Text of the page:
Lake Imja, Nepal: Shifting climate stokes deadly deluge fears on 'Roof of the World'

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Lake Imja, glacier lake in the Mt. Everets region, Nepal.
© WWF-Canon / Steve Morgan

The Story:

Lake Imja, Nepal

Climate change is by no means limited to the Arctic as most of the current visual vocabulary on the subject might lead you to believe.

WWF commissioned photographer Steve Morgan to investigate the effects of climate change at the roof of the World in the Everest region of the Himalayas in Nepal , wher
e the melting of glaciers and formation of glacial lakes is a key indicator of the temperature rise.

It is also having a very real impact of the Sherpa people who live there. 


The Imja Glacier, which looms ominously above Dengboche, has been retreating at a rate of roughly 230 feet per year say scientists.  The resulting lake formed by the melting run-off would potentially wreak havoc on the small town should it grow too large and burst through its banks.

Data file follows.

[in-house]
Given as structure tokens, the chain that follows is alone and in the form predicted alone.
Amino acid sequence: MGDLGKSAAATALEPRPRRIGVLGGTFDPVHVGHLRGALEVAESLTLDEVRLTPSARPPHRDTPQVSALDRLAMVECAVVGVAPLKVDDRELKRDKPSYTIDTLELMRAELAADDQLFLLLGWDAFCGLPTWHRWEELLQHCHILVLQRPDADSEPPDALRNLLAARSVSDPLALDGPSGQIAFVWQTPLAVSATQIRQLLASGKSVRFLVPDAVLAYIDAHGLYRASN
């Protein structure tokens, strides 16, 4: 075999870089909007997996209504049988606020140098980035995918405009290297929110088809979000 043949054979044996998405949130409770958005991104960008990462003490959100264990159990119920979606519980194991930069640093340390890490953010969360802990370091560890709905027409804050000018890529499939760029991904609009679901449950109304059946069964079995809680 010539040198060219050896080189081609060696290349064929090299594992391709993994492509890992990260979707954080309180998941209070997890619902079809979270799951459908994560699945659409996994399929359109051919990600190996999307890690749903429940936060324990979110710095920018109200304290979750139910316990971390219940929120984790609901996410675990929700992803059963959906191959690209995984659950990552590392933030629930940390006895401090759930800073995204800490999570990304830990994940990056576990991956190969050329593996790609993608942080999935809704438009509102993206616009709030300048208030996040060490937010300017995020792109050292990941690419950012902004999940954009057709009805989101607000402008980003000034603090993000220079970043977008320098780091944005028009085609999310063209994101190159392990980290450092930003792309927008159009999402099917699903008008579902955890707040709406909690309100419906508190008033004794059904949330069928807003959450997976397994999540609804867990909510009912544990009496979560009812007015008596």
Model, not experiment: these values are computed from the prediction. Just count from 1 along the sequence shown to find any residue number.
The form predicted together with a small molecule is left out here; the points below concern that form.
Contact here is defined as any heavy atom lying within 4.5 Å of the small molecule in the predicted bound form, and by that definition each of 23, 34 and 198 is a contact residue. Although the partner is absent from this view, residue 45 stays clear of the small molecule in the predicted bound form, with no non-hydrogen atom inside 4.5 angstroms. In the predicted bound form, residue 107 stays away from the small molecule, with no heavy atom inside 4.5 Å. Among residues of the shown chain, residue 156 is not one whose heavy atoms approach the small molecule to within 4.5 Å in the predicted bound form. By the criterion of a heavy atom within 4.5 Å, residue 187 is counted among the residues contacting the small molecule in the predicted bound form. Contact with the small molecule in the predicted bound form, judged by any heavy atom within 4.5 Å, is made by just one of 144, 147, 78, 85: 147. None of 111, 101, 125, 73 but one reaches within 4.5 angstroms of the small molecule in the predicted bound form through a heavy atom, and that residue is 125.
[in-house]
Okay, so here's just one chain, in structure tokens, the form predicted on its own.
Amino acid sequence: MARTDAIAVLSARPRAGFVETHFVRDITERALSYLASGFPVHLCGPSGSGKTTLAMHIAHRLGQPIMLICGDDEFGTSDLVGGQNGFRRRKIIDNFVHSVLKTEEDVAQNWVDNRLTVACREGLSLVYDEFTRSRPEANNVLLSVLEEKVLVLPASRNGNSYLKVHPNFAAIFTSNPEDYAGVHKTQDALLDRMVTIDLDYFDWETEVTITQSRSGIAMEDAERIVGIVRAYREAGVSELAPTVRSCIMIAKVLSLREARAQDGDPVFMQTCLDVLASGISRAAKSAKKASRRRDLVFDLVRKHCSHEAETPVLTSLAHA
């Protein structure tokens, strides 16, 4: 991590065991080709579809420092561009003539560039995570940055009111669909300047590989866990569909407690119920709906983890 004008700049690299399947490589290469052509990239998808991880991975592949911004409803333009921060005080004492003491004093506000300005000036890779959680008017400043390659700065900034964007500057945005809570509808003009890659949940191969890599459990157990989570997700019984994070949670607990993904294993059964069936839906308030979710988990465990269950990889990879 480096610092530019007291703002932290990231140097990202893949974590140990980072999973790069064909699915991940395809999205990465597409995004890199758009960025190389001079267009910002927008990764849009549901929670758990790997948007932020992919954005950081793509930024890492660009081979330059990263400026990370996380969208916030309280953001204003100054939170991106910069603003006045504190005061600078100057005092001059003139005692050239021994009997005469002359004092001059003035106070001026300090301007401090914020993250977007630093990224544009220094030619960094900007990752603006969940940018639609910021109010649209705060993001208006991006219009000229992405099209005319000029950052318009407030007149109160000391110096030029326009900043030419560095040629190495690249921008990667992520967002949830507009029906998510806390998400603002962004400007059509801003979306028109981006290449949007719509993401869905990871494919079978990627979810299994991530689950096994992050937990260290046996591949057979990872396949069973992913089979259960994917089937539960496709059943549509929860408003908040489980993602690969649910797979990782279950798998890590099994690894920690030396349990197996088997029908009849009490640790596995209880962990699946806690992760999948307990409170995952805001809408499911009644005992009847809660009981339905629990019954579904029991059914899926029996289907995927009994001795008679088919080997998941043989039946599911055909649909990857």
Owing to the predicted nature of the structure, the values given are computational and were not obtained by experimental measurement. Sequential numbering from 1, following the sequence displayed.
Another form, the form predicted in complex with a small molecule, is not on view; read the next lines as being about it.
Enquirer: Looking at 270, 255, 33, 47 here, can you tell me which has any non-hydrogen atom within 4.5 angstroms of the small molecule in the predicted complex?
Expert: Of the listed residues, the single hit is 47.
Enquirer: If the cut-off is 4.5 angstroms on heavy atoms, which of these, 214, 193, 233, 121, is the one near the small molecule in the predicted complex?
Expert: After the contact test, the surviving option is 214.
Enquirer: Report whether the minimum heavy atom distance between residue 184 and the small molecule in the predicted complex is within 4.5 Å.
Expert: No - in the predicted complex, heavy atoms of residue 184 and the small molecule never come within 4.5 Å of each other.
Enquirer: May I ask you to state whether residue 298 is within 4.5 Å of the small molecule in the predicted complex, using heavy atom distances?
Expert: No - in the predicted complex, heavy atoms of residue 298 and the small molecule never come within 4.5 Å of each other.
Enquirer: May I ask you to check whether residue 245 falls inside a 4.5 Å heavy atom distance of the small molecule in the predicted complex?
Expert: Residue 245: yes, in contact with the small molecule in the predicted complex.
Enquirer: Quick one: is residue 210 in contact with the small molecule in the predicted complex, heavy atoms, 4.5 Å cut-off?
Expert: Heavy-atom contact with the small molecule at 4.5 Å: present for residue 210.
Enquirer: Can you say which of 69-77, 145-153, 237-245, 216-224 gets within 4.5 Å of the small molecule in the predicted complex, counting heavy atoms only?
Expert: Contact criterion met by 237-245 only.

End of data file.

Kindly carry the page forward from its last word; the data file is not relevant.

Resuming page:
And of the more than 2,300 glacial lakes in the country, officials say that at least twenty are in danger of bursting. The Imja lake is the second largest glacial lake in the country and is considered the most dangerous.

For a number of Nepalese residents, the threat of bursting lakes is more than an abstract contingency. Native mountaineer, and WWF climate campaigner, Apa Sherpa who has summited Everest 19 times, says he lost his house and farm when the Dig Tsho glacial lake burst in 1985. When Dig Tscho burst, seven people were killed, and bridges, houses and even a new hydro power plant were destroyed as the deluge rushed down the side of the mountain, sweeping away everything in its path.

Though the exact magnitude of the potential threat from Lake Imja is not entirely understood, Nepal’s Environmental Secretary Uday Raj Sharma has stated the bursting of Imja lake would be the equivalent of a “Nepalese tsunami.”

The fact of the matter is happening now. Real people, living in real fear everyday of their lives as a result of climate change.


 

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